'Star-Crossed' Comic-Con panel: Shirtless alien!

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Image Credit: Mathieu Young/The CW

The Project: Star-Crossed, premiering midseason on The CW

The Panel: Creator Meredith Averill, showrunner Adele Lim, executive producer Josh Appelbaum… plus actors Aimee Teegarden (Emery), Matt Lanter (Roman), and Grey Damon (Grayson).

Footage screened: The whole pilot, which is actually all they’ve shot so far.

Snap judgement: Some of the dialogue is super cheesy, but it’s overall good-looking and appropriately absurd for a CW drama. Lanter’s character Roman is an Atrian — this show’s term for alien — who’s been integrated into the local high school along with fellow crash-landers from another planet. We see in flashbacks that 10 years ago, young Emery found Roman after his spaceship crashed near her house and kept him in a shed, feeding him bowl upon bowl of cold spaghetti until the cops showed up. Emery had always assumed he died… but suddenly there he was, her Romeo, gazing up at his modern-day Juliet on the balcony of Marshall High in a dramatic us-vs.-them scene. Clearly the pair has chemistry, and now that it’s 2024, they also have these crazy newfangled electronic lockers that can open with just a special tap. “Thanks for the finger tap,” Emery whispers to Roman.

The Big Revelations: We get a glimpse of “the sector,” basically a concentration camp on the far side of town — the spaceship that crashed 10 years ago is STILL sticking out of the ground! — where Roman and the rest of the Atrians live. They all have weird but not too oppressive face tattoos (so hot right now), and at one point, Roman lifts up his grey t-shirt to reveal a terrible torso scar. A lot remains to be answered — What are the Atrians hiding? Why did they come to Earth in the first place? Would I maybe look good with a face tattoo? — throughout season 1.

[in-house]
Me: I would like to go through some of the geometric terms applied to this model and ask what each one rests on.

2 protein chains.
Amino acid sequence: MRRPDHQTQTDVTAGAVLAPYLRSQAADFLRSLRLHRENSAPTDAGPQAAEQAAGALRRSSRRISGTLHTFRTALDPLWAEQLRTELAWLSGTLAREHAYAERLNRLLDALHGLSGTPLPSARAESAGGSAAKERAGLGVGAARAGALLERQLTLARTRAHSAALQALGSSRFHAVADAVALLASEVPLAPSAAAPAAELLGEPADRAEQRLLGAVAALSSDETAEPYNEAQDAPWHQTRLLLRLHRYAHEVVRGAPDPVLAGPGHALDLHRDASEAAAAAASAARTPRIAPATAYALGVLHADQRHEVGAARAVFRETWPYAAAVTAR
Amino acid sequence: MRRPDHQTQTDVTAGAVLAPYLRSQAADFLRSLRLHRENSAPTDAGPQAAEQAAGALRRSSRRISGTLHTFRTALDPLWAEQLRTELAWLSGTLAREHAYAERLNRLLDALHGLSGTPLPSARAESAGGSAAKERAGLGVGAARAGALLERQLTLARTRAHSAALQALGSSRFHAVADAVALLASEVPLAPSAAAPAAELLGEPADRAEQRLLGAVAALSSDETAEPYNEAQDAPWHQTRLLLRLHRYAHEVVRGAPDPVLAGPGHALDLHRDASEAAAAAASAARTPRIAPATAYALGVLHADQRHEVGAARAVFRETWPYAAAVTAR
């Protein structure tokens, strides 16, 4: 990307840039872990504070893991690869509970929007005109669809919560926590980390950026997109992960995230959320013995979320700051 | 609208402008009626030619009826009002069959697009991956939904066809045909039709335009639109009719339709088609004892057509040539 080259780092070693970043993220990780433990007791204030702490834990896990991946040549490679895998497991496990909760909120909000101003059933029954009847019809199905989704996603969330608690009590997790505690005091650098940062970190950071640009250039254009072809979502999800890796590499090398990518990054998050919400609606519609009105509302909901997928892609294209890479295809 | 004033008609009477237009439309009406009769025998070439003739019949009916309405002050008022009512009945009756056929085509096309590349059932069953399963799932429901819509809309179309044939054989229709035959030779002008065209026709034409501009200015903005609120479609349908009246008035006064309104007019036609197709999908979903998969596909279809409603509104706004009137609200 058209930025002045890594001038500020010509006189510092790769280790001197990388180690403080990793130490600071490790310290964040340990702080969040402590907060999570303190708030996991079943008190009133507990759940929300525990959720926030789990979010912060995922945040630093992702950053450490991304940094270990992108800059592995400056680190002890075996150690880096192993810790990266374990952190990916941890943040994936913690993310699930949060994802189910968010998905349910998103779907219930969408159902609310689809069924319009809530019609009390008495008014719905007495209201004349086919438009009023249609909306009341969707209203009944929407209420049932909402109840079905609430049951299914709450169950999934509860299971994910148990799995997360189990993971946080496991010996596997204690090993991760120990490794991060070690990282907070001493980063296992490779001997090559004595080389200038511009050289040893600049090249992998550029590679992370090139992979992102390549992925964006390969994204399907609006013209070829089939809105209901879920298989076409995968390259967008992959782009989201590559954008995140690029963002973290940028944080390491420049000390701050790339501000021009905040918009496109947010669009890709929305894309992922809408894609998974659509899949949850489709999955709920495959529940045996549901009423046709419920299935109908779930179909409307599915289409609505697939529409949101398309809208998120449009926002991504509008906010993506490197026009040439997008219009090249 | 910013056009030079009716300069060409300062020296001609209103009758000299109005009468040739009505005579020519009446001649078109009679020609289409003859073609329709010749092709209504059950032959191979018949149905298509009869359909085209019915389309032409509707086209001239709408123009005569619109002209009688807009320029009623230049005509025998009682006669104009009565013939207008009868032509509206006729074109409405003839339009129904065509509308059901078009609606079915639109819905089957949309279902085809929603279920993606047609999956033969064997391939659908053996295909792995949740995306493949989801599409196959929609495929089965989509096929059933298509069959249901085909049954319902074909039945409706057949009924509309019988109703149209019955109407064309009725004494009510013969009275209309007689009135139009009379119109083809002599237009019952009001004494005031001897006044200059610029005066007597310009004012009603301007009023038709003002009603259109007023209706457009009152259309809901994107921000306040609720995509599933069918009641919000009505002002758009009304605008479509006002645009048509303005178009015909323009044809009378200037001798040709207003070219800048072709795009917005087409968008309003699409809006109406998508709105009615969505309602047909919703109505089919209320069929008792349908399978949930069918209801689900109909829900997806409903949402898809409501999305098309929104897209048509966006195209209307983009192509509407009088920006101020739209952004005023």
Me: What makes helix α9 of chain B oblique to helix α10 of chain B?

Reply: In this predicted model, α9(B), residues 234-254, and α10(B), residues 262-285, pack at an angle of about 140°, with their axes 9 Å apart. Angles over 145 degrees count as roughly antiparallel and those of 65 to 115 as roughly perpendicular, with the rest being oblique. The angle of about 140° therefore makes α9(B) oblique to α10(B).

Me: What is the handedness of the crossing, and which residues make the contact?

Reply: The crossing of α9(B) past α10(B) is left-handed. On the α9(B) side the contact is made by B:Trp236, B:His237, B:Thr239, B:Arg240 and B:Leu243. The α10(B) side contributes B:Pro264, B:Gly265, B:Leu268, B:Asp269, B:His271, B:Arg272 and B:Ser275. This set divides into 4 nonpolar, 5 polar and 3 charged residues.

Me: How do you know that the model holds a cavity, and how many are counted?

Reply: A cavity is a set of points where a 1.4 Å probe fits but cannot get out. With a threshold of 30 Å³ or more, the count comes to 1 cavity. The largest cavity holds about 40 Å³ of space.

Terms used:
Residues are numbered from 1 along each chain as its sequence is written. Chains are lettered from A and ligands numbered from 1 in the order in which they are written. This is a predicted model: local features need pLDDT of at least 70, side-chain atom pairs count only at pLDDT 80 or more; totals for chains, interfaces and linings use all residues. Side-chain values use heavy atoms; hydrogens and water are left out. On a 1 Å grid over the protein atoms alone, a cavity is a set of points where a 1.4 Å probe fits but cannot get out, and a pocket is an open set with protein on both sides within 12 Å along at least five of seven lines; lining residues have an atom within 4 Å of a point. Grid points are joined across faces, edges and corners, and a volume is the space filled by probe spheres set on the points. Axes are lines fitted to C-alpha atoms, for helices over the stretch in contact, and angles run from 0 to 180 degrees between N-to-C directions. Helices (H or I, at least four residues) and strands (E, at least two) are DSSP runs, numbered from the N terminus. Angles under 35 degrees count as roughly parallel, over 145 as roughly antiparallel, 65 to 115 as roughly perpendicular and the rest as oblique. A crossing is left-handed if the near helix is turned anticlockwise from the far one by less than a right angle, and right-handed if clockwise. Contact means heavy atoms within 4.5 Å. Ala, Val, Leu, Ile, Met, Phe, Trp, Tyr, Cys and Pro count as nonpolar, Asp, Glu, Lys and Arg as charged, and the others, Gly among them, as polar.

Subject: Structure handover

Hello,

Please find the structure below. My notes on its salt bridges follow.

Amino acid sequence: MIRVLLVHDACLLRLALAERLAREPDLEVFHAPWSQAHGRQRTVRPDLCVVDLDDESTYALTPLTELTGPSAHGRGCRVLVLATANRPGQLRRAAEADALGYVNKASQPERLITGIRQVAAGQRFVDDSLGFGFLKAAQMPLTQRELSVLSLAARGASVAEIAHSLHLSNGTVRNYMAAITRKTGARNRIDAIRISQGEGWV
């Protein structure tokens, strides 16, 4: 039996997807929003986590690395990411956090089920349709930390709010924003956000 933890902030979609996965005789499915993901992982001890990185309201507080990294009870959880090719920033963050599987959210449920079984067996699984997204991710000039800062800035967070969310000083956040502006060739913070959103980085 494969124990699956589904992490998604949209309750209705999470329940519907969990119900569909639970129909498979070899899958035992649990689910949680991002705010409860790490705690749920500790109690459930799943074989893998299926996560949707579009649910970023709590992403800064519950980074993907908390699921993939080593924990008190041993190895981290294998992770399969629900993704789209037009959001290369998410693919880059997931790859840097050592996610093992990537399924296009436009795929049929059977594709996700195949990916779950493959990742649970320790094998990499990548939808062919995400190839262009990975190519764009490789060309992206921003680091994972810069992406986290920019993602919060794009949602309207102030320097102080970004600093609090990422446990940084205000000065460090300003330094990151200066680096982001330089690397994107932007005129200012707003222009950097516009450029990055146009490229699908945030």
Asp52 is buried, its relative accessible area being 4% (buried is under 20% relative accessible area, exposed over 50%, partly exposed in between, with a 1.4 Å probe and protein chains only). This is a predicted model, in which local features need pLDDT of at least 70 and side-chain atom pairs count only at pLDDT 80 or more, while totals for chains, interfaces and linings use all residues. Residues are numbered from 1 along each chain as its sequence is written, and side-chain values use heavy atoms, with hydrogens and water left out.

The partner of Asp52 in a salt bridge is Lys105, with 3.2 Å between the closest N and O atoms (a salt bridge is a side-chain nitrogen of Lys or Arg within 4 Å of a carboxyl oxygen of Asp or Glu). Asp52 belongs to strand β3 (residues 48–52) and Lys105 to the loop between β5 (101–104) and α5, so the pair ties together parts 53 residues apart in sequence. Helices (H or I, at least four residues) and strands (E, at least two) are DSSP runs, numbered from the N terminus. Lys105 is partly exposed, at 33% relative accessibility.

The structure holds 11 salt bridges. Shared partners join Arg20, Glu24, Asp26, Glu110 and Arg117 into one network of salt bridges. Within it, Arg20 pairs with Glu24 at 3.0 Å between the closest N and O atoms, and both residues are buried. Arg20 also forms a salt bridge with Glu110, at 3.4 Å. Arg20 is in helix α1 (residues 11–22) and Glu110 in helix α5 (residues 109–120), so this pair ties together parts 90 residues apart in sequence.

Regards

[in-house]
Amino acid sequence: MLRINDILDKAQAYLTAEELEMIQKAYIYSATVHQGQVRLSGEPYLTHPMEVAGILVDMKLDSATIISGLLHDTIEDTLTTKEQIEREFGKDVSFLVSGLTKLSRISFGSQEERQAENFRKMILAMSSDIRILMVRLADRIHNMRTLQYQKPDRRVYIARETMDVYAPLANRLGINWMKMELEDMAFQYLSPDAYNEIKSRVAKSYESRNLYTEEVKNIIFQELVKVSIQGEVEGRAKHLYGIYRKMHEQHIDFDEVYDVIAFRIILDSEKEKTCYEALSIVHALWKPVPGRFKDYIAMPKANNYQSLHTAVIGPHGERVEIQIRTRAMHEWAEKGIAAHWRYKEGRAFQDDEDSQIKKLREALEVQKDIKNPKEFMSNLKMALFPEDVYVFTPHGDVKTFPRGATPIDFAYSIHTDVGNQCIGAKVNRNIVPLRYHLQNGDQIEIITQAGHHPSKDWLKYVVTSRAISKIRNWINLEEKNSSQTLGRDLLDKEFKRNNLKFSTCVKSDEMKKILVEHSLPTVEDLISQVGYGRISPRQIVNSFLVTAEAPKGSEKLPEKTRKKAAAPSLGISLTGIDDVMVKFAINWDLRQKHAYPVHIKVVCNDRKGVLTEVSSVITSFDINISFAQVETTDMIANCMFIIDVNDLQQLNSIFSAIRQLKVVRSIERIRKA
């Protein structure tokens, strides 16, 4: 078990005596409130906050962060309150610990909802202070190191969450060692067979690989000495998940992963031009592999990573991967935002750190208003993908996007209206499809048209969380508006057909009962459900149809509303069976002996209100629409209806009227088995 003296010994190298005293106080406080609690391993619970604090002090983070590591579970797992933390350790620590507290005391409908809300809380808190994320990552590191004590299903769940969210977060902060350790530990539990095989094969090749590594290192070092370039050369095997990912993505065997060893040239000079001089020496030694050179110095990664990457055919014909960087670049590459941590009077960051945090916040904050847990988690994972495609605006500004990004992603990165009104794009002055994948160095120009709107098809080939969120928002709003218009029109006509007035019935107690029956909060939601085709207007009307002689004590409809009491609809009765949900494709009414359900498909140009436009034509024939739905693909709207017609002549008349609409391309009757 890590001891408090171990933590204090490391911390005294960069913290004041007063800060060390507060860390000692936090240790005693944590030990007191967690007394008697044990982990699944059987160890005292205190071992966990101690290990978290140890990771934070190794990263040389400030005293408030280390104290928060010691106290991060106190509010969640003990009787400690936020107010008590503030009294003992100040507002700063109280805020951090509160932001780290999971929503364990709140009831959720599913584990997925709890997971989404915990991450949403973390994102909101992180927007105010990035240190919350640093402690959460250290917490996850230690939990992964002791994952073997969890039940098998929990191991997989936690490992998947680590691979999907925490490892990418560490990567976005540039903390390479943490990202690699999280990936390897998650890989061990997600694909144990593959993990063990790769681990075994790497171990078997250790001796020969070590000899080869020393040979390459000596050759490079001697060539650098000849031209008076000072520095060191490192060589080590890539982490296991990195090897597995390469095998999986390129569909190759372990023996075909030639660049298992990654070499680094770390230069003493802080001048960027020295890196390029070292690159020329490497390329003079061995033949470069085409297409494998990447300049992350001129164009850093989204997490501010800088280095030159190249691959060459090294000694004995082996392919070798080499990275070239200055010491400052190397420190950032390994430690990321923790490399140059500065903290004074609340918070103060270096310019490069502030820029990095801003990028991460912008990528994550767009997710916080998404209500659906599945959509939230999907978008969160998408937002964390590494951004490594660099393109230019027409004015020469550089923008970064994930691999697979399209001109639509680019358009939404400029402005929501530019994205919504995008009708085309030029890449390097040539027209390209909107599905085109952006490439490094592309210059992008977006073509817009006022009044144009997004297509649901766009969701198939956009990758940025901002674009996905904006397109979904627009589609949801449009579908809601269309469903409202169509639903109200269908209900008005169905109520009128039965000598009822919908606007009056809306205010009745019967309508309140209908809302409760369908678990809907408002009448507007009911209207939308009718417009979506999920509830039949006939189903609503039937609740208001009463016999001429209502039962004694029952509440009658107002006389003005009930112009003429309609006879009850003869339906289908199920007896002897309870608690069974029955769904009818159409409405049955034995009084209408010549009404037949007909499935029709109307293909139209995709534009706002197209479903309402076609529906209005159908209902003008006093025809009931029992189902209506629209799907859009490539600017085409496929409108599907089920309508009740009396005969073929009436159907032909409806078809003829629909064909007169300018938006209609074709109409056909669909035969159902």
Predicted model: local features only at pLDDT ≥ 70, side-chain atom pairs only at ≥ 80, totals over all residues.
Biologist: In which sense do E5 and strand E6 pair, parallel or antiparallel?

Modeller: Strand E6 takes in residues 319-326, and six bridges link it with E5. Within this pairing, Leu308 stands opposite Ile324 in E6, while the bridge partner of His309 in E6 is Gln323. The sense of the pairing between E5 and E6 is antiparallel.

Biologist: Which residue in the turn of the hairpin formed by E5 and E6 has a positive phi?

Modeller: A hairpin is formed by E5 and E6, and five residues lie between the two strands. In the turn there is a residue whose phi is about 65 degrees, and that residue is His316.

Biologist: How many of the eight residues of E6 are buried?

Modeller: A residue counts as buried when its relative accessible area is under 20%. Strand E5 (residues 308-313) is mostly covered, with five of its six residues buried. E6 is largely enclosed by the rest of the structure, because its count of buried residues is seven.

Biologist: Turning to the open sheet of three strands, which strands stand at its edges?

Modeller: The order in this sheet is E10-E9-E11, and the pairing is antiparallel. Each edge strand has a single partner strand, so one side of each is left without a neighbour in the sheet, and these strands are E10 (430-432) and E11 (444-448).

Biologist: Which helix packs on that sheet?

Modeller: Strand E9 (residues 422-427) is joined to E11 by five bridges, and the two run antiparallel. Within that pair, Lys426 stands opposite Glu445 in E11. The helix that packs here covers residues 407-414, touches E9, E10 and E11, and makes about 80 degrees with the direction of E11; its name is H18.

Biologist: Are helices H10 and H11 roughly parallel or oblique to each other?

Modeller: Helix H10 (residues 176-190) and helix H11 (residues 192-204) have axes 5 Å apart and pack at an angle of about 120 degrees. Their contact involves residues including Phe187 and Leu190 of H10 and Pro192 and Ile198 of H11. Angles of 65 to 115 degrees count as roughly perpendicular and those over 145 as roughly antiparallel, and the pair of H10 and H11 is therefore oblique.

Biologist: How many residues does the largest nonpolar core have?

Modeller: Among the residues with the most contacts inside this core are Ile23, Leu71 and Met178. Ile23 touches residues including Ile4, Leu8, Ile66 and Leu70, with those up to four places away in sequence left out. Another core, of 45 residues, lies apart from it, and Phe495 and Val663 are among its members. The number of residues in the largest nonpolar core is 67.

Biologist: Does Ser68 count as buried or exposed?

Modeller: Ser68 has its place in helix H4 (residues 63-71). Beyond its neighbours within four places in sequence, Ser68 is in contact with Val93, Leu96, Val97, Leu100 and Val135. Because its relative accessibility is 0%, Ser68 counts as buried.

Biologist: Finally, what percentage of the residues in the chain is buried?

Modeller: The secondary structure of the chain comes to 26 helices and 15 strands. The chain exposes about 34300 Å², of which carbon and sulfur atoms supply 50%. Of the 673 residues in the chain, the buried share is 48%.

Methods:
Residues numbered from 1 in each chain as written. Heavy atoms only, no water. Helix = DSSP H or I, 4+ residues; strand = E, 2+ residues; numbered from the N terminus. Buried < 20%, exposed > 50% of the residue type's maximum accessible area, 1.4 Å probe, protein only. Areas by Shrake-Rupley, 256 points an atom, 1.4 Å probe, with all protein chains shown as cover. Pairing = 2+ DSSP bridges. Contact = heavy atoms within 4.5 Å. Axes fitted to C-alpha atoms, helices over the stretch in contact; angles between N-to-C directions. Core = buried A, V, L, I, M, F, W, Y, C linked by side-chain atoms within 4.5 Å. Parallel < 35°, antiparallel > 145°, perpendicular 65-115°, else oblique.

Appelbaum promised the show would move fast — episodes 2, 3, 4 have a “great pace” and plenty of “revealed mysteries.” And the human vs. alien tension at the high school, he says, mirrors the social landscape of 1950s America. “Absolutely throughout the course of the series, we wanna be highlighting the conflicts of integrating the students into this school,” he said. “We also wanna be doing a lot of funny sci-fi stuff. The spaceship is just sitting there. What’s in there?” Probably not spaghetti.

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